Review | Battle of the Sexes
Battle of the Sexes
|Title||Battle of the Sexes|
|Director||Jonathan Dayton and Valerie Faris|
|Release Date||November 24, 2017|
I think that tennis hasn’t been particularly well served (pun very much intended) on the big screen. Recently, we’ve had Borg/McEnroe, but sadly that passed me by. Other than that the most notable examples are Wimbledon, which is a guilty pleasure of mine, and Match Point. The real question here is does Battle of the Sexes serve up an ace or is it more of a double fault?
Oh no. Are you going to be levering in tennis puns all the way through this?
I’m certainly going to try. Well, at least until we reach a break point.
Great, I can’t wait. Anyway, what’s going on in Battle of the Sexes?
It’s 1973 and the women of the US LTA are understandably unhappy that they’re only competing for one eighth the prize money of their male counterparts. Billie Jean King (Emma Stone) decides enough is enough, and with the help of Gladys Heldman (Sarah Silverman) goes about setting up the Women’s Tennis Association. This provides the perfect opportunity for a former men’s champion, and permanent hustler, Bobby Riggs (Steve Carrell), to try and smash himself back into the limelight. Bobby, a self-styled male chauvinist, challenges Billie Jean to a Battle of the Sexes to prove that women’s tennis isn’t really worth as much as the men’s game.
That sounds quite interesting, but what if I’m not really a fan of sports films?
Battle of the Sexes is a film that certainly contains some on-court action, but it’s by no means what the film is really about. I must confess I didn’t really know a lot about the story behind the film before I went in. I was aware that there had been a Battle of the Sexes match, involving Billie Jean King and Bobby Riggs, but I didn’t quite realise the importance of the match or what had led up to it. Don’t get me wrong, the tennis that we do see is well choreographed and believable, but it’s not the most important thing going on here. At its heart, this is a really interesting film that goes way beyond some serve and volley fun, and instead is focused on the struggles for equality both on and off the court.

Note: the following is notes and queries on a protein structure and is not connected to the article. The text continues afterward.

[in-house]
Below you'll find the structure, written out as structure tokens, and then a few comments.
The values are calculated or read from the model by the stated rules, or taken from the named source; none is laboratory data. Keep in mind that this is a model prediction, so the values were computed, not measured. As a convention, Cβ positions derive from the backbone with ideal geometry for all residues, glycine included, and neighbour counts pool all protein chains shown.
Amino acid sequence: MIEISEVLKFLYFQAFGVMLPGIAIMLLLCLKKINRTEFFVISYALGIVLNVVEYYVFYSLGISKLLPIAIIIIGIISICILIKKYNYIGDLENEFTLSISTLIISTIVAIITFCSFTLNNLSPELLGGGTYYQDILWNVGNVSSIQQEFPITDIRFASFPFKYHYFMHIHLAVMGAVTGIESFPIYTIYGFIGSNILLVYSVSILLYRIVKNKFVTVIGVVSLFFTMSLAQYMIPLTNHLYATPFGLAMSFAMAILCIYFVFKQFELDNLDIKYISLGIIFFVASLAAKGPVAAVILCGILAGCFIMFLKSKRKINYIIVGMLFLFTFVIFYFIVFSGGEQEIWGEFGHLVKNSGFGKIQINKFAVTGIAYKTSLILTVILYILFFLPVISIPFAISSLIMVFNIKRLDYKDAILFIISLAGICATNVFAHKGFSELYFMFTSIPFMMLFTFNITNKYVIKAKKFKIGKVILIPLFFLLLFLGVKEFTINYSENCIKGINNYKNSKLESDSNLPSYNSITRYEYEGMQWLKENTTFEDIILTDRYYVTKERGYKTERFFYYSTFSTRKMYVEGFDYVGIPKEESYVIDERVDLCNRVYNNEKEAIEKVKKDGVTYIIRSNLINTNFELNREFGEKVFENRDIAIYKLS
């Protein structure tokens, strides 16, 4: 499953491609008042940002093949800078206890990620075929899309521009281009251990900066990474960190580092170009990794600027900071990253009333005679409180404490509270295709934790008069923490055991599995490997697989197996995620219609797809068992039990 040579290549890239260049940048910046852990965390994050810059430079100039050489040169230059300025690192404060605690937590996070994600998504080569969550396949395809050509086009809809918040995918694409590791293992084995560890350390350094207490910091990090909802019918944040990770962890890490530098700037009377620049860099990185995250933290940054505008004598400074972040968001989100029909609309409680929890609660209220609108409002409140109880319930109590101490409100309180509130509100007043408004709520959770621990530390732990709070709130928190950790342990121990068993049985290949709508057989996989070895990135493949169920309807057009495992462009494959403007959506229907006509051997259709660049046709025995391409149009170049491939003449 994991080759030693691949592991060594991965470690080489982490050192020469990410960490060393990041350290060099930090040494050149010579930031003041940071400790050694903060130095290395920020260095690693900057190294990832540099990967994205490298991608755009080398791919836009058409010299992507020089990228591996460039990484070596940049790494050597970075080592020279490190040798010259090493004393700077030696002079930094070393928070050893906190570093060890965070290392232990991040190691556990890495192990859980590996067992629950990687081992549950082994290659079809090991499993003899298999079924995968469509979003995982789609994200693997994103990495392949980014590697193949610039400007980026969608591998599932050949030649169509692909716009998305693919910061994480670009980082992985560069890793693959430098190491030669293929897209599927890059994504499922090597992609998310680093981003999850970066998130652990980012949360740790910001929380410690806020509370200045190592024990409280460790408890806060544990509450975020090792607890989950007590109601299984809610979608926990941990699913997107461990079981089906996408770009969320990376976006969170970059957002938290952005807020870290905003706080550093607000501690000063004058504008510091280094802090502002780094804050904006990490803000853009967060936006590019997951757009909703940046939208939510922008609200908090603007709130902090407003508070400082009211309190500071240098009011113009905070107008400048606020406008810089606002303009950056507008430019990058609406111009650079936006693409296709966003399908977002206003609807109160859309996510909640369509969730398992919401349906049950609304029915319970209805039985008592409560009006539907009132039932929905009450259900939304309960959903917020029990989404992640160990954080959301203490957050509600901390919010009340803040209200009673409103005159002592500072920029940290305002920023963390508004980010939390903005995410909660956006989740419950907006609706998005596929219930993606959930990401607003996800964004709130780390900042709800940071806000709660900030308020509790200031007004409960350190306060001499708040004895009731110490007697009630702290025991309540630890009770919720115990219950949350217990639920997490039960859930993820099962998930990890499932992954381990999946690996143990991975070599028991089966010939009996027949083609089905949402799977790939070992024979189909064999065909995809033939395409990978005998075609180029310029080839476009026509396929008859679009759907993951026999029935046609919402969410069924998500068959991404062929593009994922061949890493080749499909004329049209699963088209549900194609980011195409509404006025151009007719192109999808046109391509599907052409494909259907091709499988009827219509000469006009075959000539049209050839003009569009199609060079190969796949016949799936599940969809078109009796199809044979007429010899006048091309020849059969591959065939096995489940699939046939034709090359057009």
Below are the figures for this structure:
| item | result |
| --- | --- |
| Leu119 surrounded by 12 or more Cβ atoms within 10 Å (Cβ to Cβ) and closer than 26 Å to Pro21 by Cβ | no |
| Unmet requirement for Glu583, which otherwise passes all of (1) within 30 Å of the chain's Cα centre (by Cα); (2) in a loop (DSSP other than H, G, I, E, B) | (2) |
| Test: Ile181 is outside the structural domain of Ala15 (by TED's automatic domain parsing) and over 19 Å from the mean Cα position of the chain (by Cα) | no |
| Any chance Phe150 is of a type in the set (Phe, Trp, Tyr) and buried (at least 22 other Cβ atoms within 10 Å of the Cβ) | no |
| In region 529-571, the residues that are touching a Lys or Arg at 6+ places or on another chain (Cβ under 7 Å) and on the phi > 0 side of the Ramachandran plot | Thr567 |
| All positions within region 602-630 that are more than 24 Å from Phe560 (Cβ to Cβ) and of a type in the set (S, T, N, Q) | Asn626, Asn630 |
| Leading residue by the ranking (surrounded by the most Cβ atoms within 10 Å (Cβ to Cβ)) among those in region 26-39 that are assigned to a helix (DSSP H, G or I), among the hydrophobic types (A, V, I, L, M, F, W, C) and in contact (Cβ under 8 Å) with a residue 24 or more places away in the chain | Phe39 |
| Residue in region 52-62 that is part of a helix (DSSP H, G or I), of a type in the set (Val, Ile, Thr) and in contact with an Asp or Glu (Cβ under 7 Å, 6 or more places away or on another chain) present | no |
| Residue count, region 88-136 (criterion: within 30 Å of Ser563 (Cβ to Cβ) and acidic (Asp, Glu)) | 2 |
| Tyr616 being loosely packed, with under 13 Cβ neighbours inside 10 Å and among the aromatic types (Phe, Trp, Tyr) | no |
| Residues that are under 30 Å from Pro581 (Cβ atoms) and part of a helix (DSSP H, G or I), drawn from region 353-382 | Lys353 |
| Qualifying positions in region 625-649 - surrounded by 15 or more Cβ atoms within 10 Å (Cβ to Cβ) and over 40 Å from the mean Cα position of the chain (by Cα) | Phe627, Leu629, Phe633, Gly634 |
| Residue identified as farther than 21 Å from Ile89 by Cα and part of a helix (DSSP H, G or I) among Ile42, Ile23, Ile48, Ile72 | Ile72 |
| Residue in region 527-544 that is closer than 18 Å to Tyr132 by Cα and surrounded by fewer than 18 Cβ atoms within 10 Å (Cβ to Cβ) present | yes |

There’s quite a lot going on then. How does it come together?
I really enjoyed Battle of the Sexes. I didn’t know what to expect going in but I was absolutely hooked within the first 10 minutes or so. It’s a real grand slam. Emma Stone does a great job as Billie Jean King, who is supremely confident and sure-footed on the court, but also unsure and unassuming as she tries to understand her private life and her feelings for WTA hairdresser Marilyn (Andrea Riseborough). I felt that at its heart this was a film about self-discovery and the growing relationship between Billie Jean and Marilyn. It’s a central pairing that is really nicely played and feels completely genuine, but at times feels heartbreaking as Billie Jean tries to reconcile her own feelings with the expectations of everyone around her.
What about Steve Carrell, is he just there for comic relief?
I was surprised by Steve Carrell. I did expect he was going to be there to wear a fun wig, some big glasses and just generally clown around. There’s no escaping that Bobby Riggs was a bit of a character, and Steve Carrell is perfect for the role. While there is a lot of showmanship and bravado on display I also thought there was a touch of melancholy. He’s just someone who is struggling to deal without the thrill of being in the spotlight. I never got the impression that he actually believed what he was saying. It was all just something to get him back into the limelight, like a WWE star playing a character. It was a performance that could have been quite two dimensional, but Carrell really puts some topspin on the character.
Absolutely. Game, set, match. I’m by no means a huge tennis fan (my love of the film Wimbledon notwithstanding) but that really didn’t matter. At its heart, Battle of the Sexes is a really engaging character study that focuses on much bigger issues than just tennis. It tells an interesting story that is really relevant today. I came out of the cinema feeling inspired, and uplifted. I really recommend going out to see it.
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